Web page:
Legal practitioners have a set of guidelines to refer to when assessing compensation for non-financial damages caused by a data breach, known as the Judicial College Guidelines. When determining the level of damages, several factors are taken into account, including the length and severity of the distress, how it has affected the victim’s life, and any medical or psychological evidence that has been presented.
The Guidelines also offer a range of potential compensation amounts based on the level of distress experienced. For instance:
- Severe Psychological Injury (General) – £54,830 to £115,730
- Moderately Severe Psychological Injury (General) – £19,070 to £54,830
- Moderate Psychological Injury (General) – £5,860 to £19,070
- Less Severe Psychological Injury (General) – £1,540 to £5,860
To determine how much compensation you may be entitled to, it’s best to speak with a legal professional who can guide you through the claims process. The above are only meant to serve as rough guidelines, and the compensation you could receive may vary.
No Win No Fee Data Breach Compensation Claims
In the event of a data breach, you may be entitled to compensation for harm caused. However, the prospect of pursuing a claim for data breach compensation can be intimidating, especially if you’re concerned about the costs associated with getting a lawyer to work on your claim.
Fortunately, a No Win No Fee agreement can help alleviate some of these concerns. A No Win No Fee agreement, also known as a Conditional Fee Agreement, allows you to make a claim without having to pay any upfront fees for your solicitor’s work. Instead, your lawyer will only receive a fee if your claim is successful, and this fee will be deducted from your compensation award.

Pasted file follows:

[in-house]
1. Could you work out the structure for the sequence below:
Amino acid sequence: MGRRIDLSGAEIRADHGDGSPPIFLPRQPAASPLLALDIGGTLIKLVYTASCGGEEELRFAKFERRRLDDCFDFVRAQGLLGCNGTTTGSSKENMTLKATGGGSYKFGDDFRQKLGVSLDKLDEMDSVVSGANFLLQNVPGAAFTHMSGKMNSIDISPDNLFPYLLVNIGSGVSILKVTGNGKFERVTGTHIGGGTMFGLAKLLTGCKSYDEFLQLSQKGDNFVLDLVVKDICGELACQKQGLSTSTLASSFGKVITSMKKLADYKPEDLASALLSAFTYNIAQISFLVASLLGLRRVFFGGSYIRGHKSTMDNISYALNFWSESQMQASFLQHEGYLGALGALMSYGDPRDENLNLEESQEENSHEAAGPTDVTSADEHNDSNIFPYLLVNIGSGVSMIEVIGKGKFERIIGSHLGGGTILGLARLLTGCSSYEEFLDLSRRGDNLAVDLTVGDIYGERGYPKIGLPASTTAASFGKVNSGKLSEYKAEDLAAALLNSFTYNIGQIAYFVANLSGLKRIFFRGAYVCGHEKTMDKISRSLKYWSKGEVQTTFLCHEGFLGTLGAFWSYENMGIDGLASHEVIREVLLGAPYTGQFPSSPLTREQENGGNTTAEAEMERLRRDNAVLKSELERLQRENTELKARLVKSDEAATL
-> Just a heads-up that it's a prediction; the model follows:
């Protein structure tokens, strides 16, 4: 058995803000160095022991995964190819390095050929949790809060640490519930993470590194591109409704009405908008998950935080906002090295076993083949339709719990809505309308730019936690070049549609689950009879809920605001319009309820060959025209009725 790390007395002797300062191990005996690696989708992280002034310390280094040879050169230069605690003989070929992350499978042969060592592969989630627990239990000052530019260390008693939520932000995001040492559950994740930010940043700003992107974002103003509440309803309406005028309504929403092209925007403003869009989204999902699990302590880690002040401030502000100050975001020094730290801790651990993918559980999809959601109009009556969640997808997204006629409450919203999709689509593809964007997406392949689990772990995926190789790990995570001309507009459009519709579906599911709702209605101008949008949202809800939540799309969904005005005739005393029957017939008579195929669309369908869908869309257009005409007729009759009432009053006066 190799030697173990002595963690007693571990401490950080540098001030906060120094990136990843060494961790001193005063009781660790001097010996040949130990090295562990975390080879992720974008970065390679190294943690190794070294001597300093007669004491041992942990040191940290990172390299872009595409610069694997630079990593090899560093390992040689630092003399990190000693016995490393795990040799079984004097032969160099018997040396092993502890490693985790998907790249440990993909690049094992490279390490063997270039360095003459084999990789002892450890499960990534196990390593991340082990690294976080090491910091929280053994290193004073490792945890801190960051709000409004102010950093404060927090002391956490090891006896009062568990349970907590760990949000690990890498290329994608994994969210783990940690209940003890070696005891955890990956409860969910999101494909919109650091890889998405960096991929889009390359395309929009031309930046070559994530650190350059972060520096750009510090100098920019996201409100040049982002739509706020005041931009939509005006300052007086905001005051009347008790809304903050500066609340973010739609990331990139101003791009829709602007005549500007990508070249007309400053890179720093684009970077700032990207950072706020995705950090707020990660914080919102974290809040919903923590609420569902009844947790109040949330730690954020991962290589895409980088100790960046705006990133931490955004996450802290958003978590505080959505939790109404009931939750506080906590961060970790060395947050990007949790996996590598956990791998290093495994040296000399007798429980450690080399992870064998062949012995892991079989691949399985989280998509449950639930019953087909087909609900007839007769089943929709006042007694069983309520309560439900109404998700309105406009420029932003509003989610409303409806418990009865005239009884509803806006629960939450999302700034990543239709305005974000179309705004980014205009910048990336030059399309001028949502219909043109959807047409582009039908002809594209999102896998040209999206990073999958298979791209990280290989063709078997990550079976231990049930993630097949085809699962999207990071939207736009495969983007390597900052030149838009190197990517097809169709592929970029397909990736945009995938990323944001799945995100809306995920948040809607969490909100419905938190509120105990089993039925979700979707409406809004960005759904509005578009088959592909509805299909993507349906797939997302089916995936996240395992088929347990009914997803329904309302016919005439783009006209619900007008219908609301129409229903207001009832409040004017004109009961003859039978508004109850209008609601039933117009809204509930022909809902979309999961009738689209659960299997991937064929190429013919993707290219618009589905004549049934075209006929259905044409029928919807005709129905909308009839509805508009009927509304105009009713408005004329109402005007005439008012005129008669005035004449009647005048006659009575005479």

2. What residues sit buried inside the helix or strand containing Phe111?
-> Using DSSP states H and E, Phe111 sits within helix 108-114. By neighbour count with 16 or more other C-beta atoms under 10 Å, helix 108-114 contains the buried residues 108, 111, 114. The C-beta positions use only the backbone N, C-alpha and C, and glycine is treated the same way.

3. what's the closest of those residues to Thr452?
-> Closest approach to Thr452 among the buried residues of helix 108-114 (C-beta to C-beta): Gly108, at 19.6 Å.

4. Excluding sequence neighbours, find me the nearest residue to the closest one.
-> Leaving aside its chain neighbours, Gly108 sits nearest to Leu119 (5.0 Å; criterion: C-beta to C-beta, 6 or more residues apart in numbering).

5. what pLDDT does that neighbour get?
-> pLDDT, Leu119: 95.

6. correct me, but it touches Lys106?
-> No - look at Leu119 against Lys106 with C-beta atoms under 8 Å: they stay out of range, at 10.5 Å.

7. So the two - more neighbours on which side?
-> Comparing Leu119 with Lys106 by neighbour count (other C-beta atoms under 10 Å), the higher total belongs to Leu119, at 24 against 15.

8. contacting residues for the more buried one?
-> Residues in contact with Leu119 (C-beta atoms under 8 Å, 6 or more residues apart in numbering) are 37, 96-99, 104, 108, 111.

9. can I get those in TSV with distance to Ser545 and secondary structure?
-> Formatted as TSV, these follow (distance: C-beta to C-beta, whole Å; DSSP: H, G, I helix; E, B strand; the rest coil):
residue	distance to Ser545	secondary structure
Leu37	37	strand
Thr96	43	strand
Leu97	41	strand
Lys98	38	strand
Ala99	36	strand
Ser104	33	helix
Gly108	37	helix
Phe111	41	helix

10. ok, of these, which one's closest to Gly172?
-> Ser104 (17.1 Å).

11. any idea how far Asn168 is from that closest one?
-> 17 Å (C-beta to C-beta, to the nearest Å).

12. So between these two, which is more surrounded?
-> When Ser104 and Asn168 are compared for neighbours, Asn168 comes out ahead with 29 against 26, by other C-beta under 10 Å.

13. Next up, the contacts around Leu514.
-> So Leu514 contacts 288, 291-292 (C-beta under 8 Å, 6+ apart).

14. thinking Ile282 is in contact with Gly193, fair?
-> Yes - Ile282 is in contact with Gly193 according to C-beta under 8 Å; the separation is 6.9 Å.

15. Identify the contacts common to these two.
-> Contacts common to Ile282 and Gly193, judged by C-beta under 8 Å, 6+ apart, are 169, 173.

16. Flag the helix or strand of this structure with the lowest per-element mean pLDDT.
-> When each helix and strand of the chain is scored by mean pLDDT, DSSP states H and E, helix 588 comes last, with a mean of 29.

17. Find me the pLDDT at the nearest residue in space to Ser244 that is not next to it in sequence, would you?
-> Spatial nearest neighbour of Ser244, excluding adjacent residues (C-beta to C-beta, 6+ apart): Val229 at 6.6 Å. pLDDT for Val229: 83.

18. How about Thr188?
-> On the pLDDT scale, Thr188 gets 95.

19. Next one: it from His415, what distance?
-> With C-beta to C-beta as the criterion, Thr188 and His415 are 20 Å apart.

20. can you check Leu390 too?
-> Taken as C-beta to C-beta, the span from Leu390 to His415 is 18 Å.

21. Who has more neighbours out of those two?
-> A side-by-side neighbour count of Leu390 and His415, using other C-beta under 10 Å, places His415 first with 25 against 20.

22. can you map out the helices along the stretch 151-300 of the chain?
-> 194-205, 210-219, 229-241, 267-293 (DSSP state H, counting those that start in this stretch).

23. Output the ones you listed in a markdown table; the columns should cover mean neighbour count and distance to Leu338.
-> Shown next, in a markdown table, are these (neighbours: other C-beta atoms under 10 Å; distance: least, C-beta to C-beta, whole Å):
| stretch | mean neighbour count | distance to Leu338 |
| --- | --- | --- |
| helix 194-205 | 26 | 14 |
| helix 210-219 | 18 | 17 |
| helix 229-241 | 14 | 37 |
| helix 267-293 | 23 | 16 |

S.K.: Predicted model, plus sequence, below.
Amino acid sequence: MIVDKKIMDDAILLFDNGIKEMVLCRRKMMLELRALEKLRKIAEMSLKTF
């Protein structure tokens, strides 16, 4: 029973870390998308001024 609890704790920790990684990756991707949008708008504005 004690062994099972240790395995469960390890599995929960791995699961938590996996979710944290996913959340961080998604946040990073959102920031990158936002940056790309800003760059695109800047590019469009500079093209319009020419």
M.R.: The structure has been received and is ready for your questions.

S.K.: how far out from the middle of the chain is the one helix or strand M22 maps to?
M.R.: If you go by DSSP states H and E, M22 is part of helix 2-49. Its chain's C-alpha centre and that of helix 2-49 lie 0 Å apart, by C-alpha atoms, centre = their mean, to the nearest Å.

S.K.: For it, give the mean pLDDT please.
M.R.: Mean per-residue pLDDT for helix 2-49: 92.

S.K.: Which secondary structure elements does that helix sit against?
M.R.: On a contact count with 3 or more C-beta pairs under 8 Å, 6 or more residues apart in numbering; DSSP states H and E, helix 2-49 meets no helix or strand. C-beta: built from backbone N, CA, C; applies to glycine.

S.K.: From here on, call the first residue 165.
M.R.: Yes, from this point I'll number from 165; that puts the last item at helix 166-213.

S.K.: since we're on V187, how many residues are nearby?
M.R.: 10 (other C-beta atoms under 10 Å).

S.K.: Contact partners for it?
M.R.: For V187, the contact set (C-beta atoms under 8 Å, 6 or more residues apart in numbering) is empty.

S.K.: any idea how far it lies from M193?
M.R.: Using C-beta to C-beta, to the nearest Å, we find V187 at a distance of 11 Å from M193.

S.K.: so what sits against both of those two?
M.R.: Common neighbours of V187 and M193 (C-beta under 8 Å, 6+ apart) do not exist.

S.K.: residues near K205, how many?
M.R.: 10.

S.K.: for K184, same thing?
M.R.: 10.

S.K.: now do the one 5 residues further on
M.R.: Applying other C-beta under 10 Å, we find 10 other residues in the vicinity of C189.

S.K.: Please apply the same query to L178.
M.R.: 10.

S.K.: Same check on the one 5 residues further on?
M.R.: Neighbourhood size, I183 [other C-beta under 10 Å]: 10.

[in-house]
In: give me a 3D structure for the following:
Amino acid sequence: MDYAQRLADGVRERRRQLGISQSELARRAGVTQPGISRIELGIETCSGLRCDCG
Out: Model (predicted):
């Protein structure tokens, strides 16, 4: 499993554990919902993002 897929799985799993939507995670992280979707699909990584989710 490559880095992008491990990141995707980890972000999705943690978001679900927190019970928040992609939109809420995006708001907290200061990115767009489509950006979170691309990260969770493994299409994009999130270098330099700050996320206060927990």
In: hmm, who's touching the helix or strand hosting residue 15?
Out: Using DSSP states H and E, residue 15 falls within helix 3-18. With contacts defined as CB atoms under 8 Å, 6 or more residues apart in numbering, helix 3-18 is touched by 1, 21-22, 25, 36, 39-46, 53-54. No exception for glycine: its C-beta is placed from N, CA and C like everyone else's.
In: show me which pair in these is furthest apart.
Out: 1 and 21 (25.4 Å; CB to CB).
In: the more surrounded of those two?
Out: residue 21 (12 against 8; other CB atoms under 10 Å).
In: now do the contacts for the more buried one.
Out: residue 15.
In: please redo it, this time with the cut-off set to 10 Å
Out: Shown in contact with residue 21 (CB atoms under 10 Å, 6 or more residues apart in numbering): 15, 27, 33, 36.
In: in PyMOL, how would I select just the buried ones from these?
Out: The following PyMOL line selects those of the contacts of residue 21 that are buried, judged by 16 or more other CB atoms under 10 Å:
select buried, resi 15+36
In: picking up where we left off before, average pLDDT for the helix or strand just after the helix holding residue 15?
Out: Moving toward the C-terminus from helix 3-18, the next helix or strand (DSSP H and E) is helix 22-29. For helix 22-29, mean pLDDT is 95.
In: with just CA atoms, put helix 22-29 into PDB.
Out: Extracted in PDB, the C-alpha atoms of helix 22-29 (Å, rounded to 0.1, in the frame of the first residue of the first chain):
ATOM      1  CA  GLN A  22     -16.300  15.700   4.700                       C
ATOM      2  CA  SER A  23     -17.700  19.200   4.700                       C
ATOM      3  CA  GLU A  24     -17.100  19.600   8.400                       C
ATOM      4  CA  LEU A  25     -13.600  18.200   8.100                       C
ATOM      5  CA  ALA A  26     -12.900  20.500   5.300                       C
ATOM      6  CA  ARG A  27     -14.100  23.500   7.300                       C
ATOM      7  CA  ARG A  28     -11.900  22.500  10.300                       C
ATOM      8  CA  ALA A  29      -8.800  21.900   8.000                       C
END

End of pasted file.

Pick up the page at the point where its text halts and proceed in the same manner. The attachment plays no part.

Our panel of experienced data breach solicitors can assist you in making a claim under a No Win No Fee agreement if you meet the eligibility criteria. An advisor can offer expert guidance on the strength of your claim, the amount of compensation you may be entitled to, and assist you through the claims process.
If you’re uncertain whether you qualify to make a claim or want to learn more about how we can assist you, reach out to us today. Our friendly team of specialists is available to answer any questions you may have and provide you with the support and assistance you need to pursue a successful data breach claim.
You can contact us by:
- Calling 0800 408 7827 to connect with an advisor
- Reaching out to us via live chat
- Filling out a contact form.
Further Insight Into Data Breach Compensation Law
Finally, you can find some useful resources on data protection law and claims for data breaches below.
Stress Due To A Data Breach – Here, you can learn about claiming for stress.
How Much Compensation Could My Data Breach Claim Be Worth? – You can learn about making a claim and how much compensation you could receive here.
Medical Data Breach Examples – Find out how to claim for a medical data breach here.
What Is Personal Data? – Find out what types of data could be considered personal.
Special Category Data – Learn what data is classed as being special and should be afforded a higher level of data protection.
Personal Data Breaches – Learn about how breaches happen and how people should respond to them.